Scenes from our fourth pseudo-virtual meeting in
This pseudo-virtual meeting thing has been working
pretty well. Due to public health and safety concerns
and Maryland State restrictions on gatherings aimed
at preventing the potential spread of the Corona Virus
the Greenbelt Community Center where we meet has been
closed since March. We had really good results over
the previous three months with members and friends sending
us photos and descriptions of the model cars they would
have brought if we'd had physical meetings, or just
any model cars or projects they wanted to share. For
June we're doing it again.
Howdy Hoffman starts us off this time around with three
cars he's been working on, a Nova and two Thunderbirds.
He built the yellow T-Bird to match the '66 that belonged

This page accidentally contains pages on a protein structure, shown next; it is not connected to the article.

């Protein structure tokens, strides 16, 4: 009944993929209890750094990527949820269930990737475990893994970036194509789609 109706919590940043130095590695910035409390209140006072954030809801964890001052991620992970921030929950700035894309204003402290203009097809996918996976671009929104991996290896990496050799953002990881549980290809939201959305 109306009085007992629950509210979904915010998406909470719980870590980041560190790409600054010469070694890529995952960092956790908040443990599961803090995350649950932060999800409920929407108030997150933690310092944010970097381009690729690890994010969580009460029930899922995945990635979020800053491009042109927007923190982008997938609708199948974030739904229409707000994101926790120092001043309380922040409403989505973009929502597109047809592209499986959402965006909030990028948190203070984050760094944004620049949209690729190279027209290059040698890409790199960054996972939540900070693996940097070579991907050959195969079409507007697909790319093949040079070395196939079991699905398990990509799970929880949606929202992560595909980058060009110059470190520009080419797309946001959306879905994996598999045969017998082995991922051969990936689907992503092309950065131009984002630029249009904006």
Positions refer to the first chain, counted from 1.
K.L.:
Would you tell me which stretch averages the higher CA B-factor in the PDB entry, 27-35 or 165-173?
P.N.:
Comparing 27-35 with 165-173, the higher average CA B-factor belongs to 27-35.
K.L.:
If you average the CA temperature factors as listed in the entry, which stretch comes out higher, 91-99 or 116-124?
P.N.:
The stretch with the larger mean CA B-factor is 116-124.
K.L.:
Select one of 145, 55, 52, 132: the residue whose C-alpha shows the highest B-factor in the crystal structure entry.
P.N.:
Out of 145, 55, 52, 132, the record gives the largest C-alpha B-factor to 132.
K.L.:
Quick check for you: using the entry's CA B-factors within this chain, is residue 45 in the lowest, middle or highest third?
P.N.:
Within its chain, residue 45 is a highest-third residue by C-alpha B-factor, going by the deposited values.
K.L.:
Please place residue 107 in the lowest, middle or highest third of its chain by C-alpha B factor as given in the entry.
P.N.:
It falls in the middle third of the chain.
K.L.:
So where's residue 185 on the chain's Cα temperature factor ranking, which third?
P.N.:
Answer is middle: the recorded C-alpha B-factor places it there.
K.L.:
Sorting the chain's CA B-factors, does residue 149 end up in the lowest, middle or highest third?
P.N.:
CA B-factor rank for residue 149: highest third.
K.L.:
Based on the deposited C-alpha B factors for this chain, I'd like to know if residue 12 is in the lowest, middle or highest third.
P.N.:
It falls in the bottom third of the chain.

to his dad.
Howdy followed that triad with this Sublime Green 1971
Plymouth Roadrunner. This was a used model that he brought
back to life. He says the body was so rough that it
had to be wet sanded and primered three times before
he shot five coats of lacquer and three top coats of
Howdy wrapped up with a blast from the past. He's had
this MPC Don Grotheer '71 Cuda since 1971!
Rich Wilson put his creative touch to this sharp-looking
customized 1965 Buick Riviera.
Next, Rich doubled-down with this pair of Oldsmobiles.
The pair comprises a 1983 Hurst/Olds and a Bill Porterfield
designed 1985 442 FE3-X Concept/Show Car. Rich mades
changes to the engine and seats toward improving the
accuracy of the kit.
Lyle Willits finished up this cool Icy Blue 1964 Chebrolet
El Camino. He kept it a simple build, using a '65 El
Camino interior, 348 engine from the AMT 1957 Chevy,
wheels from the AMT 1955 Nomad, a little detail under
the hood and Testors paint buried under Duplicolor Clear.
Lyle says bulding this easy screw-bottom kit made him
feel like a kid again and now he seems to be in the
mood to build some of the obscure kits that he's had
on the shelves for 35 to 45 years.
Our model car building machine, Paul Lee, completed
seven models this month. They are: 1954 Chevrolet drag